Plan, plan, plan
Remember the six Ps: Proper Prior Planning Prevents Poor
Performance. So says Karen Short of By Word of Mouth, one of Jozi's premier catering companies. To make sure your party goes off without a hitch, follow these planning pointers.
Set the date as far in advance as possible. It'll give
you the time you need to pull everything together, and
you're more likely to get your first choice of venue
and suppliers. (The good ones are rarely available at
a moment's notice.)
Budget. Decide how much you can spend, and allocate
most of the dosh to that which is most important to
you. For some it's the food, for others the decor and
entertainment. Here's a good budgeting rule: allow
roughly half the cost of the food bill for the drinks.
Send out invitations about three weeks in advance.
Remember to include a map or directions, and ask about
special dietary requirements.
If you're having a large function and using a caterer,
insist on a menu tasting beforehand. You'll also need
experienced bar and waiting staff.
Once you've planned your party requirements (including
invitations, menu, bar, hiring, flowers, decor, music),
draw up a schedule for the day of the party. Arrange
times for the various deliveries and work out the
sequence of events for the party. Tip: don't let speeches
run on... it causes major stress in the kitchen and could
leave your guests with cold or dry food!
Flower power: Turn to your garden for floral inspiration, says Gideon of Gideon's Flowers & Functions in Randburg. Instead of buying expensive blooms, pick some of your own and haul out as many glass vases (of all shapes and sizes) as you can find. Create a cluster of vases with a single flower in each. Or what about floating candles and Barberton daisies in shallow bowls? (This is especially effective if guests are seated at low tables.)
Whether you're seriously into planning, or more into spontaneous partying, there are some rules of entertainment you should always stick to. We asked signature caterers, Judy Babb and Callie Hartnady, and events co-ordinator extraordinaire, Otto de Jager,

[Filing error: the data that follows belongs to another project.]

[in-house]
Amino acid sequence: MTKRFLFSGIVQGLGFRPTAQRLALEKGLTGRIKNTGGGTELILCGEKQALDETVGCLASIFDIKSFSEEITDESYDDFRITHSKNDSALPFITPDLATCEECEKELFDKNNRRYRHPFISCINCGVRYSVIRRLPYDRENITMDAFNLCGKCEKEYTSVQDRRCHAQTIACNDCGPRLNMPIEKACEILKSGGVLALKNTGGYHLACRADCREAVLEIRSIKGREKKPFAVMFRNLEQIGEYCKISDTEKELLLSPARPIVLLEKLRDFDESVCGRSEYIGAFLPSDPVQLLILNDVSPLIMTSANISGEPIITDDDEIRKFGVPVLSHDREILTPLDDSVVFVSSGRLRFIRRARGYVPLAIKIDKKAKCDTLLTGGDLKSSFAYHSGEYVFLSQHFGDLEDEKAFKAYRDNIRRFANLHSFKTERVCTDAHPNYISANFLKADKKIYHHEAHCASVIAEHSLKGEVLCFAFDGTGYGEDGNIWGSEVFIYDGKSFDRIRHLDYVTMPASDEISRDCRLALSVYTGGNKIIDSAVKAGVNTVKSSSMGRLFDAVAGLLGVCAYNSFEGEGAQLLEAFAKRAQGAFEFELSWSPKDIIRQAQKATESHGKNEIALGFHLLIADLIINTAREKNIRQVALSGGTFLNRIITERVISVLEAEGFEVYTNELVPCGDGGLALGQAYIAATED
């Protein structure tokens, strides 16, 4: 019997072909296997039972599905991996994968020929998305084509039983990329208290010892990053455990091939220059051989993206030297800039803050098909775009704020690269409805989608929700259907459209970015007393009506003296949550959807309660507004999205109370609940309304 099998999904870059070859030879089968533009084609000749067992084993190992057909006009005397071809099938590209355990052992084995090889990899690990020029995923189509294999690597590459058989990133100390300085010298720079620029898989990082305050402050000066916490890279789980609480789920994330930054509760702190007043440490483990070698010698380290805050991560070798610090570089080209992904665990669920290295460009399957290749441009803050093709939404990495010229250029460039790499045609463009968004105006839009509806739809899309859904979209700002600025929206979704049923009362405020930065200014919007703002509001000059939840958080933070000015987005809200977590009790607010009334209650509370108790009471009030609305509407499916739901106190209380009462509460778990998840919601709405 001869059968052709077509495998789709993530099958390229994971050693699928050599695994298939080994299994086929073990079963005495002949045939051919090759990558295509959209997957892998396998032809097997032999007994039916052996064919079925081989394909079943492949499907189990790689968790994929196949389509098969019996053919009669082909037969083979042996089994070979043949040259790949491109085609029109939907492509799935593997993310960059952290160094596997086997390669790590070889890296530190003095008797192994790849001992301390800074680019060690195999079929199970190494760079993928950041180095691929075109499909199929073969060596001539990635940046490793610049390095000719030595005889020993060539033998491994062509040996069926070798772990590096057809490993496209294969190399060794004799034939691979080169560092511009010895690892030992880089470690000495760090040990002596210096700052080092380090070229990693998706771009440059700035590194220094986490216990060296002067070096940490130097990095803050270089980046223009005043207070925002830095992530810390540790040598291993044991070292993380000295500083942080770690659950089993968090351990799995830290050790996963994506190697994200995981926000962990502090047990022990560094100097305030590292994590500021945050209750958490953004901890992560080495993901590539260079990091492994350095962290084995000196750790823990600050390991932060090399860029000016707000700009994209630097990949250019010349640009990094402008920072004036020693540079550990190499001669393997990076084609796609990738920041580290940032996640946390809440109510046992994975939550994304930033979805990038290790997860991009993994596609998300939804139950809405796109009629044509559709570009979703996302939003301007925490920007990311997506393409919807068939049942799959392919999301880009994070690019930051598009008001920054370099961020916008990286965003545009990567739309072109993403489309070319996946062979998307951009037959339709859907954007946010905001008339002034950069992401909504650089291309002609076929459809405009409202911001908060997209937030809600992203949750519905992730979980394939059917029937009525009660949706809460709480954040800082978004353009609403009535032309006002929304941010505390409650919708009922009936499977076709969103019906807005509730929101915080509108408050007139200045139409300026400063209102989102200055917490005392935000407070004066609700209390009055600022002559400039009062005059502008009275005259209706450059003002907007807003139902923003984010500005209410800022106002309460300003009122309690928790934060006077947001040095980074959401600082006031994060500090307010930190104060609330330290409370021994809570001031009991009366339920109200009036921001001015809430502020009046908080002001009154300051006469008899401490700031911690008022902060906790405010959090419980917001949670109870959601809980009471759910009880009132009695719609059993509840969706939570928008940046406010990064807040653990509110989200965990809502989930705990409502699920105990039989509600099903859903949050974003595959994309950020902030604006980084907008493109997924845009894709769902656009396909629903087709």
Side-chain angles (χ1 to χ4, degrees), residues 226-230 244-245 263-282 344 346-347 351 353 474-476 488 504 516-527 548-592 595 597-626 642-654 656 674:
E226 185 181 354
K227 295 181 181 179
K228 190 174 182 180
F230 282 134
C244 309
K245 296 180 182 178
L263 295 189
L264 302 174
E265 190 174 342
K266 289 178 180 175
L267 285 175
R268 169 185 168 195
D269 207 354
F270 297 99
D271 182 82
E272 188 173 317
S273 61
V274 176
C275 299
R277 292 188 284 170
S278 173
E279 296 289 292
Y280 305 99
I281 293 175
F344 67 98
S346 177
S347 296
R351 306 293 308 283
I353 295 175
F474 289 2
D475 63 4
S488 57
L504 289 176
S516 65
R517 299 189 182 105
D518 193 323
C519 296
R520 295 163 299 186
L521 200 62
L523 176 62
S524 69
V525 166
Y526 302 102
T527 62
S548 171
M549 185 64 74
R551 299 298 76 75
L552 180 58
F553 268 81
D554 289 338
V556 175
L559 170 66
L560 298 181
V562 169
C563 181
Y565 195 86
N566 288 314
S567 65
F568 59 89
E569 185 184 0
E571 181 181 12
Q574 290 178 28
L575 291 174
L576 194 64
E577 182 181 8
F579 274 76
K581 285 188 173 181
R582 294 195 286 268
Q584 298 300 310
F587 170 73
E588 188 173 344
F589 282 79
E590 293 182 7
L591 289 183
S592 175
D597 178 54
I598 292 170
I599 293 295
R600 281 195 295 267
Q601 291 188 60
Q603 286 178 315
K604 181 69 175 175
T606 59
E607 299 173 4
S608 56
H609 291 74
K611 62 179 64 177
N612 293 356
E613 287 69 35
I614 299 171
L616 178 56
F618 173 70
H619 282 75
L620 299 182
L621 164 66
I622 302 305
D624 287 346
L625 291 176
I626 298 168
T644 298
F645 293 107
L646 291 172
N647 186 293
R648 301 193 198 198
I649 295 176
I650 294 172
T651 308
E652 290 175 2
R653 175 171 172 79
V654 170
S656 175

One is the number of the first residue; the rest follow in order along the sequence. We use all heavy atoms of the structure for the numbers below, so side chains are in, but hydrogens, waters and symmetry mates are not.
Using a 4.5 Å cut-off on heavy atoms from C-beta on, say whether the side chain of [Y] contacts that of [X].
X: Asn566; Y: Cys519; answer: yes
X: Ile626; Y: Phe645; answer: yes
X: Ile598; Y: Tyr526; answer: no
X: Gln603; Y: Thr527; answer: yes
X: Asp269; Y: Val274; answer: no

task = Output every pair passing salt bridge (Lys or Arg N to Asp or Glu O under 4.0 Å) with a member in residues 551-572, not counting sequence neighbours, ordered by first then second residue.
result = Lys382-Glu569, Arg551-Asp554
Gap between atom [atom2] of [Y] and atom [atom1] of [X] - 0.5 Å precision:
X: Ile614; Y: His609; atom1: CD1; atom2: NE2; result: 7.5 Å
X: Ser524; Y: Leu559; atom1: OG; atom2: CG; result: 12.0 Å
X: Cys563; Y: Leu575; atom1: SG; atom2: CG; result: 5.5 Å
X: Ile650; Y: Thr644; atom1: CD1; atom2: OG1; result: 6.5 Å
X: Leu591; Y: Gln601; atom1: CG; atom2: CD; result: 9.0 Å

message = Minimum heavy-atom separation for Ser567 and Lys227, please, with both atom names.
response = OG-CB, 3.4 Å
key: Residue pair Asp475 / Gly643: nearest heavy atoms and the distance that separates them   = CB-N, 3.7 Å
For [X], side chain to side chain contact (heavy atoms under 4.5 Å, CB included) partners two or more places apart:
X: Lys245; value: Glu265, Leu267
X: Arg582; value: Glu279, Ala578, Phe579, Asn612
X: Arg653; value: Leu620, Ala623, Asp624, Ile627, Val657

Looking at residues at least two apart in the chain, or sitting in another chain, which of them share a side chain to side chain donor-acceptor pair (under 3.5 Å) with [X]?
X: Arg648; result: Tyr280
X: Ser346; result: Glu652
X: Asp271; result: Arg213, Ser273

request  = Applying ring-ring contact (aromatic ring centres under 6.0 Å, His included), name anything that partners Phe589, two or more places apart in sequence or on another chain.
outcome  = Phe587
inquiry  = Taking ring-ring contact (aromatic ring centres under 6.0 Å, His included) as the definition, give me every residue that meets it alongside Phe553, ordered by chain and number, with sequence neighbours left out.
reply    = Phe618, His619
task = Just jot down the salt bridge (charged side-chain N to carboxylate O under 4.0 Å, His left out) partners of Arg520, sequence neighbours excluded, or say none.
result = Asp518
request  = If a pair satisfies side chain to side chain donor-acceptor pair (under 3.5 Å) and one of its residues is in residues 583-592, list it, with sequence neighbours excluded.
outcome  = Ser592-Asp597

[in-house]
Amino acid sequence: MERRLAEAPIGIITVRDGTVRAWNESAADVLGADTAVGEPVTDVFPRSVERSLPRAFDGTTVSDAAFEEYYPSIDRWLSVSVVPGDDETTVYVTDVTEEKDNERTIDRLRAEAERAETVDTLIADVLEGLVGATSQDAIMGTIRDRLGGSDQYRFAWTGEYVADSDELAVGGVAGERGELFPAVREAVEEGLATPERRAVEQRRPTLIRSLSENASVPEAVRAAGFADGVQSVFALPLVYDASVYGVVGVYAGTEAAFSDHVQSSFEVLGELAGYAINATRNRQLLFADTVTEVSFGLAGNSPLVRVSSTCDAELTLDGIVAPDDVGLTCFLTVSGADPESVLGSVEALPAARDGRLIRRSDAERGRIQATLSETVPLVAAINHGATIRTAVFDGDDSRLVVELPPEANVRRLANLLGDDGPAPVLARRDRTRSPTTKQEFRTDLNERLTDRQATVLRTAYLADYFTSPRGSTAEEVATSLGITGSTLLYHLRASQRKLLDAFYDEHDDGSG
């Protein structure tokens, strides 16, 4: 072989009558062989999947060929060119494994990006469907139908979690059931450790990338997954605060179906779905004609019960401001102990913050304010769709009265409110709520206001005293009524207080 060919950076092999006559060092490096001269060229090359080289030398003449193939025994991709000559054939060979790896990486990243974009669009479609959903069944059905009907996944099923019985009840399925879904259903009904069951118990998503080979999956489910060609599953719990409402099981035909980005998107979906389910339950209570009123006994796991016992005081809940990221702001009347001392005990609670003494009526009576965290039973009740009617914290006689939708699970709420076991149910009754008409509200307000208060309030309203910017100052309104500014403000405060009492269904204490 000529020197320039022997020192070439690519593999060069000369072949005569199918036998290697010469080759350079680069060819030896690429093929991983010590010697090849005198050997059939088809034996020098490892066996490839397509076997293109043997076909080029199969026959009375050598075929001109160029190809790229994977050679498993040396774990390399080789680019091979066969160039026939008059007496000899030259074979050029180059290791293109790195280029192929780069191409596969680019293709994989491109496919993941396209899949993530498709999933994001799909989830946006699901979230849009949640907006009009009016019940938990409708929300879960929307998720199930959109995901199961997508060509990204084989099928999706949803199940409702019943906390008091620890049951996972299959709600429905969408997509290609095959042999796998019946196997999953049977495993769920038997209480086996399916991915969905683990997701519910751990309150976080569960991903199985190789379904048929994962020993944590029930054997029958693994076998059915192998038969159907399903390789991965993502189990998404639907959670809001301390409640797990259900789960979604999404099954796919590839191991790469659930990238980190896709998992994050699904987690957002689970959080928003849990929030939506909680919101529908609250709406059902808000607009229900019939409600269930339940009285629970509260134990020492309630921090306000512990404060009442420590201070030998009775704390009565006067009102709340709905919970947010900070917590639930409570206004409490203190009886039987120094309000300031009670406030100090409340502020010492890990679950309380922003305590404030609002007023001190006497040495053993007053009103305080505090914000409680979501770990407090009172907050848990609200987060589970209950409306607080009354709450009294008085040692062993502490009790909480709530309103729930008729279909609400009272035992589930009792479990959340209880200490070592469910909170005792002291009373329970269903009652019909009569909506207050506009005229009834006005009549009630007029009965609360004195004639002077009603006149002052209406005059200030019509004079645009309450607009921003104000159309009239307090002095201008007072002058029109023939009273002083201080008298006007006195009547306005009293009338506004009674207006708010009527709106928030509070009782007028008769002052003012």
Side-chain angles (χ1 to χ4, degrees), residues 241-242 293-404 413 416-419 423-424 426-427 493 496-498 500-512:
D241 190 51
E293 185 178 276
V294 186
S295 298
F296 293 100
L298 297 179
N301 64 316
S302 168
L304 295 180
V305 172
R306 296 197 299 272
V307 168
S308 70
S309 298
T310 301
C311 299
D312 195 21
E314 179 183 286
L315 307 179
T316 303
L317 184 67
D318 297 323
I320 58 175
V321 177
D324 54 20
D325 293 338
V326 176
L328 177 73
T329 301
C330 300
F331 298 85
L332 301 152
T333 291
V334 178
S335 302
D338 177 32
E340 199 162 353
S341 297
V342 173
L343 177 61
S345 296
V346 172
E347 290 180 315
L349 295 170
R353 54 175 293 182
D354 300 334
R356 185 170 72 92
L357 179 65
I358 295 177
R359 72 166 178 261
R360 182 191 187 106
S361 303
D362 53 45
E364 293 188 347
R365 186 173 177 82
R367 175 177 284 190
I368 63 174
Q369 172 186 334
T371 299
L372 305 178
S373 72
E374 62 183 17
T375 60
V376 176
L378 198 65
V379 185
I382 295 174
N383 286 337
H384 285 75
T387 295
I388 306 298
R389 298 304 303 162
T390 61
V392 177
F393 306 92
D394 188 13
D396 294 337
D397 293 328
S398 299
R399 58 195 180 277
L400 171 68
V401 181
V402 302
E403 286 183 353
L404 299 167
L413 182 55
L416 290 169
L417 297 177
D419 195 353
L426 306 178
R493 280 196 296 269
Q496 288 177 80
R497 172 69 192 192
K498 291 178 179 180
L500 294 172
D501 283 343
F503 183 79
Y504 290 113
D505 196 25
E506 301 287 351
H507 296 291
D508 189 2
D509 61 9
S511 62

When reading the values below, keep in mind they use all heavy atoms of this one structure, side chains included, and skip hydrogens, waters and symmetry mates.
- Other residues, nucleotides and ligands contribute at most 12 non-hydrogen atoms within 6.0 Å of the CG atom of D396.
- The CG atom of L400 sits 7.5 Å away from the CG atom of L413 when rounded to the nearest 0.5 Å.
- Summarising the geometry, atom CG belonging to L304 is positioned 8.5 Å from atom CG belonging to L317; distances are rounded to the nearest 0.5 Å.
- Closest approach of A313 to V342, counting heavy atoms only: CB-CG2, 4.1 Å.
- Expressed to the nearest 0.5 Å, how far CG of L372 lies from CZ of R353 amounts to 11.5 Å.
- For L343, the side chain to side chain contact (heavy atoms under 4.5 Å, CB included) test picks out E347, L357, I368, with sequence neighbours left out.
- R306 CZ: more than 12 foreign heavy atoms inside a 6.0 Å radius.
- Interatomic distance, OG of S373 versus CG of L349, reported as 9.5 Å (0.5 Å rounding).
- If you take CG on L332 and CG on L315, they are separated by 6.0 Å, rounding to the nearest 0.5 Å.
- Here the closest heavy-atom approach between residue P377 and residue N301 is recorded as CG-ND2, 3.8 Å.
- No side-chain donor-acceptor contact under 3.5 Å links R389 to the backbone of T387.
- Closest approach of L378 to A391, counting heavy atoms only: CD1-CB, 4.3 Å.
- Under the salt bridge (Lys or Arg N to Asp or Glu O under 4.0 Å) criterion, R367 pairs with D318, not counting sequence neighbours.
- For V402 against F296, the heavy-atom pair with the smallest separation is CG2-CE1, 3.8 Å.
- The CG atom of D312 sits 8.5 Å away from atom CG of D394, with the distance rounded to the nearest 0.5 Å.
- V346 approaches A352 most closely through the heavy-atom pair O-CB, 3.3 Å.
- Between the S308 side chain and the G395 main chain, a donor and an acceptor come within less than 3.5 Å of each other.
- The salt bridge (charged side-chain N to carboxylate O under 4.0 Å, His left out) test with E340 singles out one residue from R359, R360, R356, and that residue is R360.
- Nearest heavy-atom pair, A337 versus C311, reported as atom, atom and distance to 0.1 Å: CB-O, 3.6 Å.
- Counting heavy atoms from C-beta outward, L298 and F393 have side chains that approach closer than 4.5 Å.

for their top tips.
While planning is crucial, you've got to allow for some
fun and spontaneity. Don't follow trends to the letter
– if you set your expectations too high, you're likely to be disappointed.
Plan your guest list carefully. Inviting people with
common interests will help conversation flow.
Get out of the kitchen and mingle with your guests
– remember, they came to see you. If you're doing the
catering yourself, hire some help or do most of the food preparation beforehand.
Think quality, not quantity, when it comes to food,
drink and decor. By limiting variety you can amplify
the items you have chosen and give much greater attention to detail.
Any entertainment should be supportive and interactive;
guests should not passively sit and "watch" a show. Loud music is almost always disruptive and can kill a party – except, of course, when there's dancing!
Lighting is essential for creating ambience – think candles, fairylights and lanterns. Besides the main
entertainment area, remember to have suitable lighting
in the bathrooms, entrance halls and gardens too.
What's hot (and what's not)
Keep it simple, say those in the know. Trends come and go,
but trying to pull off something hugely fashionable can end
in disaster. Party queen Angela Steur of event and decor
company, Party Design, and renowned Jo'burg caterers, Wakeford & Company, have the following advice.
Home entertaining is personal, so whatever the theme,
decor should be an extension of the host's personality.
Keep the focus on the host's style and character (or
whoever the party is being thrown for).
Decor and food should match to an extent – white linen and soft flowers, for example, wouldn't work with
tequila shooters and tacos.
Simple lines always make for a beautiful table. Give
yourself time to polish the silver and set the table
properly. Use exquisite base plates or place mats, and
be sure to have linen napkins. It isn't essential to
have flowers on the main table – they can work just
as well elsewhere.
Keep food simple too. You can't go wrong with good
quality ingredients – especially fresh, colourful
herbs and spices.
In terms of food trends, Mediterranean, deli, fusion
and Euro-African are all hot right now. That said, there's nothing like wholesome comfort food in the colder months.
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